December 19, 1999
Fourth Sunday in Advent
Psalm 89:1-4, 19-26
(FS) A. DESCRIPTION OF AUDIENCE
Psalm 89 is an "edited" one as it appears in the Lectionary. The grief, confusion, and even anger and questioning that follow the verses cited for reading in churches are cut out.
I serve a church very near Texas A & M University, where the Aggie Bonfire collapsed the week before Thanksgiving. Many people in the congregation I serve studied at A & M and several work there. The "cuttings" need to be tied in, I feel, because the anguish of faithful Israel over God's seemingly trashing the covenant with David shouldn't be forgotten in the midst of our celebrating.
In my own ministry context, I see those feelings in the "missing" verses as important, especially in the aftermath of the bonfire tragedy. Maybe there's something there too for congregations that have just been through some trauma, or where a pastor is keenly aware that she is preaching to people who have a hard time celebrating this season.
(FS) B. INTENDED GOALS
In my sermon this Dec. 19th, I will point out a little about the missing part of Psalm 89, and tie it in with Luke 1 (the Annunciation Pericope) and God's Advent in Jesus Christ coming in, through, around, the real messiness of the world.
"A CAROL OF FULFILLMENT"
(Part of an Advent Series, "The First
Many of you have expressed how you dislike any effort to tamper with hymns, especially to make them more "politically correct"*. A Christmas carol especially should be free from editing! Well-- I have a confession to make. We just sang** , and I just read, an edited, tampered-with, pared-down version of a one. Through this Advent, we've gone back and seen the Psalms listed in the Revised Common Lectionary as being among the "first Christmas carols". Psalm 89 is in that company.
THE VERSES THE LECTIONARY GIVES BREATHE FULFILLMENT. THE COVENANT PROMISE OF GOD TO DAVID IS REMEMBERED. Of course, Jesus is God's keeping of a long-made promise! But the verses following the end of today's reading are different. They are full of shock, confusion, pain...even anger. It's thought that they may well have been part of a community lament after Judah and Israel were destroyed and scattered, and there seemed no hope of God's possibly keeping a king on David's throne.
There is a superb Mexican eatery in McAllen called "El Pocito", "The Hole in the Wall". The food is great! The setting? Well, it reflects the name. My sister-in-law won't set foot in the place. She once asked me if we had health inspectors in the US. When I responded that OF COURSE we did, she smiled and slyly replied, "Y, por qué 'El Pocito'?" ("So, why is there an "El Pocito"?) The rest of Psalm 89 is far from a carol of fulfillment. It's as if the faithful of Israel were singing or chanting, "If You made a Covenant, Yahweh, WHY are things the way they are?!"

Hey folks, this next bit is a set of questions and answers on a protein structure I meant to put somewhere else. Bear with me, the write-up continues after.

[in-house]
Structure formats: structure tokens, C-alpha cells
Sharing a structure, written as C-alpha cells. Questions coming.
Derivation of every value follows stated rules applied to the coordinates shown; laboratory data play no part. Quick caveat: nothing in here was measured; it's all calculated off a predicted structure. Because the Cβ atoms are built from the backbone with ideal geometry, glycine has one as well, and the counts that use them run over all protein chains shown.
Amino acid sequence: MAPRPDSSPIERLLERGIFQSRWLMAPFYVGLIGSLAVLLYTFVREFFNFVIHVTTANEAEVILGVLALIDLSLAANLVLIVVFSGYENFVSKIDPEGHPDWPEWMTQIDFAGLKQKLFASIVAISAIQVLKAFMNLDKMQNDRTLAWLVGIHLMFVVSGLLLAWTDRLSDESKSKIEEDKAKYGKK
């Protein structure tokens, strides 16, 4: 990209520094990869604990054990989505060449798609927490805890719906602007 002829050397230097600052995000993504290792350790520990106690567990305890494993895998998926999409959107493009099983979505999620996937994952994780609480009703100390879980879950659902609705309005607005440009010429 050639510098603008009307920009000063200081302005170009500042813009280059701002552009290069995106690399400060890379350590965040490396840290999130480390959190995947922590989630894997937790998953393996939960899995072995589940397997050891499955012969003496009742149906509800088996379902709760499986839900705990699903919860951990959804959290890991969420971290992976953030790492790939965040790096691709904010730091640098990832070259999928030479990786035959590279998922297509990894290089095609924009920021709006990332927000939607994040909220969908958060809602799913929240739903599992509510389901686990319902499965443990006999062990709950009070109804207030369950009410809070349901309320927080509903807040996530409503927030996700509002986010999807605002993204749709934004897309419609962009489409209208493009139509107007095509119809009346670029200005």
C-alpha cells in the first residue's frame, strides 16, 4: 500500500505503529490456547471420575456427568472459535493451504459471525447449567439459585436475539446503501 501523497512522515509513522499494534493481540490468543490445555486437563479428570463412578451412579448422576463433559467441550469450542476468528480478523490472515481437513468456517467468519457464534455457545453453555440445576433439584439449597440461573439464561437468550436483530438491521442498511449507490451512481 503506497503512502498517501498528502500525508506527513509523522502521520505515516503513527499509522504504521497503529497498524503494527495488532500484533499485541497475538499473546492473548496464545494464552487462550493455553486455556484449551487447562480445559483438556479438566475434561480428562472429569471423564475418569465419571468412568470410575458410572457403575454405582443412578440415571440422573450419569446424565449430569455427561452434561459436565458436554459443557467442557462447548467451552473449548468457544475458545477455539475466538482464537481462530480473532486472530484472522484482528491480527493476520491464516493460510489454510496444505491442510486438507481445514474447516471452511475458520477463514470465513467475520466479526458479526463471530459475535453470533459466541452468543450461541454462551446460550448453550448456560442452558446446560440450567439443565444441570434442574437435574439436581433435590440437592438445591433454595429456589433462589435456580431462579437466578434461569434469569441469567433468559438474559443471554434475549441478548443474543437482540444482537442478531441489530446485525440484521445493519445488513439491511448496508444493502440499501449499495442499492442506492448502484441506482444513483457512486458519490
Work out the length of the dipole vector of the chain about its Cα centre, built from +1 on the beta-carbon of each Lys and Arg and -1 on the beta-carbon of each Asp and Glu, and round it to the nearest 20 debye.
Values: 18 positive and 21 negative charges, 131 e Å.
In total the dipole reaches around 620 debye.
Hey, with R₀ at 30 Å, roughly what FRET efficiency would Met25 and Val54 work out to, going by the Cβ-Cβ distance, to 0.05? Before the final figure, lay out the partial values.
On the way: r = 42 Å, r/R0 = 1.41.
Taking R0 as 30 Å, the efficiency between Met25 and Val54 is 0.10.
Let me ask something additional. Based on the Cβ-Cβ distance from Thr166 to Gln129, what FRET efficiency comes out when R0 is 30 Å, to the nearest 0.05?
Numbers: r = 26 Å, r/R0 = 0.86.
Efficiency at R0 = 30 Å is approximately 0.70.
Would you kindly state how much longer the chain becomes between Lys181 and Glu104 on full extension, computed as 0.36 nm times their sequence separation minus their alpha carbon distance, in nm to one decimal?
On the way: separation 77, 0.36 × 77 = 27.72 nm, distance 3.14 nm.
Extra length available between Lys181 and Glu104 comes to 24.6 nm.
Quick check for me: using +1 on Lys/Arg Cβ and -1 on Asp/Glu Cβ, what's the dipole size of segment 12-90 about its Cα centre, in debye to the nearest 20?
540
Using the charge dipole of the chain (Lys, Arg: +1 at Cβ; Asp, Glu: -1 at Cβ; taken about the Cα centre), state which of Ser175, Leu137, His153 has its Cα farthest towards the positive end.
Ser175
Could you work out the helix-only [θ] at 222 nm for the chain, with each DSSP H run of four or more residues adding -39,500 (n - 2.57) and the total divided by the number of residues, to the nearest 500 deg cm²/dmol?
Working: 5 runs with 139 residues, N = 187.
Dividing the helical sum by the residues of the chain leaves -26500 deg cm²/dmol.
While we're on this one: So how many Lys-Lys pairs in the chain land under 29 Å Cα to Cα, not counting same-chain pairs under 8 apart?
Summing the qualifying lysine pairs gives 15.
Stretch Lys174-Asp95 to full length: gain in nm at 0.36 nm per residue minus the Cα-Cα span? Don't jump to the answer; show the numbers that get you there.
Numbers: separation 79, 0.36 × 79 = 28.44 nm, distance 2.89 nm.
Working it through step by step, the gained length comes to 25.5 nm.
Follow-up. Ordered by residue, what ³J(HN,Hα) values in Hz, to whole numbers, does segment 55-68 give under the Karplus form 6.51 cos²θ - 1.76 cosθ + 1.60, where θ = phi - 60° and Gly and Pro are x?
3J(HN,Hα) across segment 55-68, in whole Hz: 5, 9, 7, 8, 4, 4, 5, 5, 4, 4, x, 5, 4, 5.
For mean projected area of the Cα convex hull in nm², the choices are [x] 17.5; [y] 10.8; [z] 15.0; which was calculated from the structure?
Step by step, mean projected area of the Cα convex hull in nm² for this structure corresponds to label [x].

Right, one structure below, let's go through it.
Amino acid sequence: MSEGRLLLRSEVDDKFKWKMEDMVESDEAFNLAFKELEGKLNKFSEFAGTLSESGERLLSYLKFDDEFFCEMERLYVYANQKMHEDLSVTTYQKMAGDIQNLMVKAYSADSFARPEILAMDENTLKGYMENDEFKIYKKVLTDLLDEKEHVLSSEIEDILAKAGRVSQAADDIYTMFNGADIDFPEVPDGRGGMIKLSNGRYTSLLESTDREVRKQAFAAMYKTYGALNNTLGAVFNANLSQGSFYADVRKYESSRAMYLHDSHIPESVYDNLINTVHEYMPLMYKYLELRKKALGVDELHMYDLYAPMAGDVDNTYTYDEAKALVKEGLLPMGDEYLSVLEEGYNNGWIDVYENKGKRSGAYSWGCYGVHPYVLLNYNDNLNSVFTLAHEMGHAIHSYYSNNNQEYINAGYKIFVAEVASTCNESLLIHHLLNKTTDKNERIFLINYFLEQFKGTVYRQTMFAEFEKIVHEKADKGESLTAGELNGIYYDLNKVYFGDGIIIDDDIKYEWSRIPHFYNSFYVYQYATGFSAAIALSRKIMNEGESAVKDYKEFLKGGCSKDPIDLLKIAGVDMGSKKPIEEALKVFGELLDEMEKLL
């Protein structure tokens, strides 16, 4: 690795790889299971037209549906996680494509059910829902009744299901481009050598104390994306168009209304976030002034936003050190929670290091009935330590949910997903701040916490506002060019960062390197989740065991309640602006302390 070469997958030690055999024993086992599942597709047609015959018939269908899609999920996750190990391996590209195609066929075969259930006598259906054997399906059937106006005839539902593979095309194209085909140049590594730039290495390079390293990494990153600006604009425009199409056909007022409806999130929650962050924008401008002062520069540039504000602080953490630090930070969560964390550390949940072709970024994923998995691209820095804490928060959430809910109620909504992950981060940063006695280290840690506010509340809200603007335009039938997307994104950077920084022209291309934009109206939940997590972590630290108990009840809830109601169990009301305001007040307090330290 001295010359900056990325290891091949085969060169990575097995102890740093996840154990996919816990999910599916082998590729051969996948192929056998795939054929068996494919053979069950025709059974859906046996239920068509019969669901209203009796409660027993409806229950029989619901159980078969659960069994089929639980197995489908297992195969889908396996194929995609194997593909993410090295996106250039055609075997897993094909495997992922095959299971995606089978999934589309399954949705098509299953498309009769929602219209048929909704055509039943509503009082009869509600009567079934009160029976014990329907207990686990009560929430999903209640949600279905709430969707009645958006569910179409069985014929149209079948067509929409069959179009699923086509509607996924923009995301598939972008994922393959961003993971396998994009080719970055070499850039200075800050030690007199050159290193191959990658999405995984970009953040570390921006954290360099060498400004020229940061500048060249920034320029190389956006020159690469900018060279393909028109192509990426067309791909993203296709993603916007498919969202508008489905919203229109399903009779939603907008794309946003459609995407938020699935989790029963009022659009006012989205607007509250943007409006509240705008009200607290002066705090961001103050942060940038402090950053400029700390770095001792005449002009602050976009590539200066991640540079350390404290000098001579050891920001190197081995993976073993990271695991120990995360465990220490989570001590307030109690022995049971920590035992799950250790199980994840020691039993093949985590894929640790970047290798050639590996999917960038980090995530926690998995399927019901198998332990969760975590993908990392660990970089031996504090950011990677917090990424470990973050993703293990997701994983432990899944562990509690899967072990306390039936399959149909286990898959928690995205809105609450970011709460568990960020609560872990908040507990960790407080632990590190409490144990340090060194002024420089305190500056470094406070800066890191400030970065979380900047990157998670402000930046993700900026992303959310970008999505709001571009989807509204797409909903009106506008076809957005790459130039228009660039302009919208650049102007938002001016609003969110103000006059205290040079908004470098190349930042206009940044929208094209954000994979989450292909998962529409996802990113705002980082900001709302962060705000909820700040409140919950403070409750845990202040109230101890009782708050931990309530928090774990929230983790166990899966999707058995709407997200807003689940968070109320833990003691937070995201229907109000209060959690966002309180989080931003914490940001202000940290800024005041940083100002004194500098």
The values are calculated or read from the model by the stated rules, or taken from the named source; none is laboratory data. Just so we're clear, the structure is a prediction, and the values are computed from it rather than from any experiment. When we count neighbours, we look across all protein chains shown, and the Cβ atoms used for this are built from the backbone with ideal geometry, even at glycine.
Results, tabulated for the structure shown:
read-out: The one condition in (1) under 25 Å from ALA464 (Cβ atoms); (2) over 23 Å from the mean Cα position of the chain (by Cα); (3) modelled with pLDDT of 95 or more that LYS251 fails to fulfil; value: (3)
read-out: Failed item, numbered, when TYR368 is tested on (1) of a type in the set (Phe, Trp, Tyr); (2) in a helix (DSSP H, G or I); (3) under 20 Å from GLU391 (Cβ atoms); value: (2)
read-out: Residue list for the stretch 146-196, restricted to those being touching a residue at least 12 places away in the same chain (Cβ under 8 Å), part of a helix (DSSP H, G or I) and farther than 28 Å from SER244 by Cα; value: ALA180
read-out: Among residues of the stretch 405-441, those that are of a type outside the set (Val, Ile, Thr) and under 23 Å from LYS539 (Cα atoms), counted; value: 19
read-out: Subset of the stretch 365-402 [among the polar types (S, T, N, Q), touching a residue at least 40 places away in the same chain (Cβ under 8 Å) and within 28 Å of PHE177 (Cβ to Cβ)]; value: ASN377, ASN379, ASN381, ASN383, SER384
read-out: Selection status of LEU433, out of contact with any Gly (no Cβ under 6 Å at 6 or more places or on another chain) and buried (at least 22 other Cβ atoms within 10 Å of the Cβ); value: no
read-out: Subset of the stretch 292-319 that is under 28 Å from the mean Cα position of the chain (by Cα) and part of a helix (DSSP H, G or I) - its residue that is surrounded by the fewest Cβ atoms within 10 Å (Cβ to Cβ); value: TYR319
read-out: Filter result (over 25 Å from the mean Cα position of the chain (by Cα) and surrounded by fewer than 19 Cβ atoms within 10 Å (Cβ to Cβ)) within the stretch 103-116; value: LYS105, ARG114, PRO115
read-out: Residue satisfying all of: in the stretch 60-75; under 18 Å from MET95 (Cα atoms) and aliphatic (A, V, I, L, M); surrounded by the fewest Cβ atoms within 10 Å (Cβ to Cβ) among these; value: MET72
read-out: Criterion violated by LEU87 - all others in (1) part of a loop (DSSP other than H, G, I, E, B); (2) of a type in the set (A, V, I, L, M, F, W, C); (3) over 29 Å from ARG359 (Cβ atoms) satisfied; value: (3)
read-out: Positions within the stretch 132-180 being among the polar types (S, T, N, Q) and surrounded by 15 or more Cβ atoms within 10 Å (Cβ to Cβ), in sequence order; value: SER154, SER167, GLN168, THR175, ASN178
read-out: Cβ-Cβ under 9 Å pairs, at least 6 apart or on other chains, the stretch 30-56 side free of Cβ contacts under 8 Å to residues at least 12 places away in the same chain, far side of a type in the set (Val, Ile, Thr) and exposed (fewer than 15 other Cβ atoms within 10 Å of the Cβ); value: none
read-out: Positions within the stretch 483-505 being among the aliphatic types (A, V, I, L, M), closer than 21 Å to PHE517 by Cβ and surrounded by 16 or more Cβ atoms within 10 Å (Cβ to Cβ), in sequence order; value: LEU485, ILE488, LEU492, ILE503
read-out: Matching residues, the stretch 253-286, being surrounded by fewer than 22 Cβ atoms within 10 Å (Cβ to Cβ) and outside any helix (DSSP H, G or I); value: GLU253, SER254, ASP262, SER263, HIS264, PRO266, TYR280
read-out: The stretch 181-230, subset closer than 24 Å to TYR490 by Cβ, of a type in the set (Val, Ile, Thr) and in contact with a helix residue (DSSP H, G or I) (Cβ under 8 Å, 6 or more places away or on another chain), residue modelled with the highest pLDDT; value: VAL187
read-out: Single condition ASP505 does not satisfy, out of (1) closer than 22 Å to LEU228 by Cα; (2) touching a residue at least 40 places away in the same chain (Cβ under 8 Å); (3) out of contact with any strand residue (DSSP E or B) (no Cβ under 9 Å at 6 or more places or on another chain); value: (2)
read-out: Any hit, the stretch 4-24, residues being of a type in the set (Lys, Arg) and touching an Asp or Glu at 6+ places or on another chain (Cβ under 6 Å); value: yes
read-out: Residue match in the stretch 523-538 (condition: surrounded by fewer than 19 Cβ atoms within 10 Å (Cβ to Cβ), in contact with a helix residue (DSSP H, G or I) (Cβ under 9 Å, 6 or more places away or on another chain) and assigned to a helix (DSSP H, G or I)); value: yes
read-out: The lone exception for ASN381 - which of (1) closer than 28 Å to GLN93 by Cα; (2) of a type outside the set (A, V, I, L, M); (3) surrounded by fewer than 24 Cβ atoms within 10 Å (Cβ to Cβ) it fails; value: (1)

WE DON'T SEE THINGS THAT WAY, AT LEAST AS FAR AS PSALM 89. FOR TODAY, WE ALSO READ THE STORY OF THE 'ANNUNCIATION' IN LUKE CHAPTER ONE. God did keep (God's) promises! The lament of Israel was real and heart-felt, and in a sense it lasted for centuries. But at last, at long last, God's creating Word came to Mary.
Some years ago, I heard a preacher from England speak in Mississippi, my home state. He spoke about "the ugliness of Christmas". Ugliness?! -- in the midst of these poinsettias freshly placed, these candles and lights, the melodies of carols? In the keeping of a covenant vow?
When the Word was made flesh, when Jesus came into this world, he truly came into THIS world. The "ugliness" was the situation in which his Advent took place. There is Mary, the first person ever to have trouble grasping the Virgin Birth, invited to have faith...though she will nearly lose her betrothed, Joseph, who will feel the pain of apparent betrayal. There is a census forced on a conquered people. There is a weary couple, forced to travel at a painfully inconvenient time, seeking shelter for an impending birth...and finally, a little baby born where animals were kept.
IN THE REAL WORLD, THE ONE WHERE ISRAEL TRIED TO MAKE SENSE OF THEIR SUFFERING IN THE LIGHT OF GOD'S PROMISES, THE ONE WHERE THERE IS PLENTY OF CONFUSION AND PAIN FOR US, GOD WAS FAITHFUL.
GOD IS FAITHFUL!
My grandmother from Pearl River County, Mississippi, had a secret wish back in the earliest years of this century. She wished that Christmas came every Saturday. Now, that could be a little much even for a dyed-in-the-wool lover of Christmas. Even the most beautiful carols can grow tiresome for a person who works year-round in a Christmas store. What holds all year is the good news that in Jesus Christ, God kept a promise that seemed hopelessly lost and forgotten. God did it by coming into this world, in and through all its messiness, to redeem and transform it.
Israel wondered what was going on with God, and why things were taking so long. It's all right for us to do that, too. For one day, by God's grace, in God's time, the redemption and renewal of all things will come.
And as Israel sang in doubt and perplexity, so may we sing.
"Of the LORD's great love forever': with our mouths, may we "Make (His) faithfulness known through all generations!"
* I know that many colleagues, and congregations, feel differently. This is the context in which I serve.
** We are "singing the Psalter" using the new Psalter recently released, written by the Director of Music from Central Pres. in Atlanta, GA.
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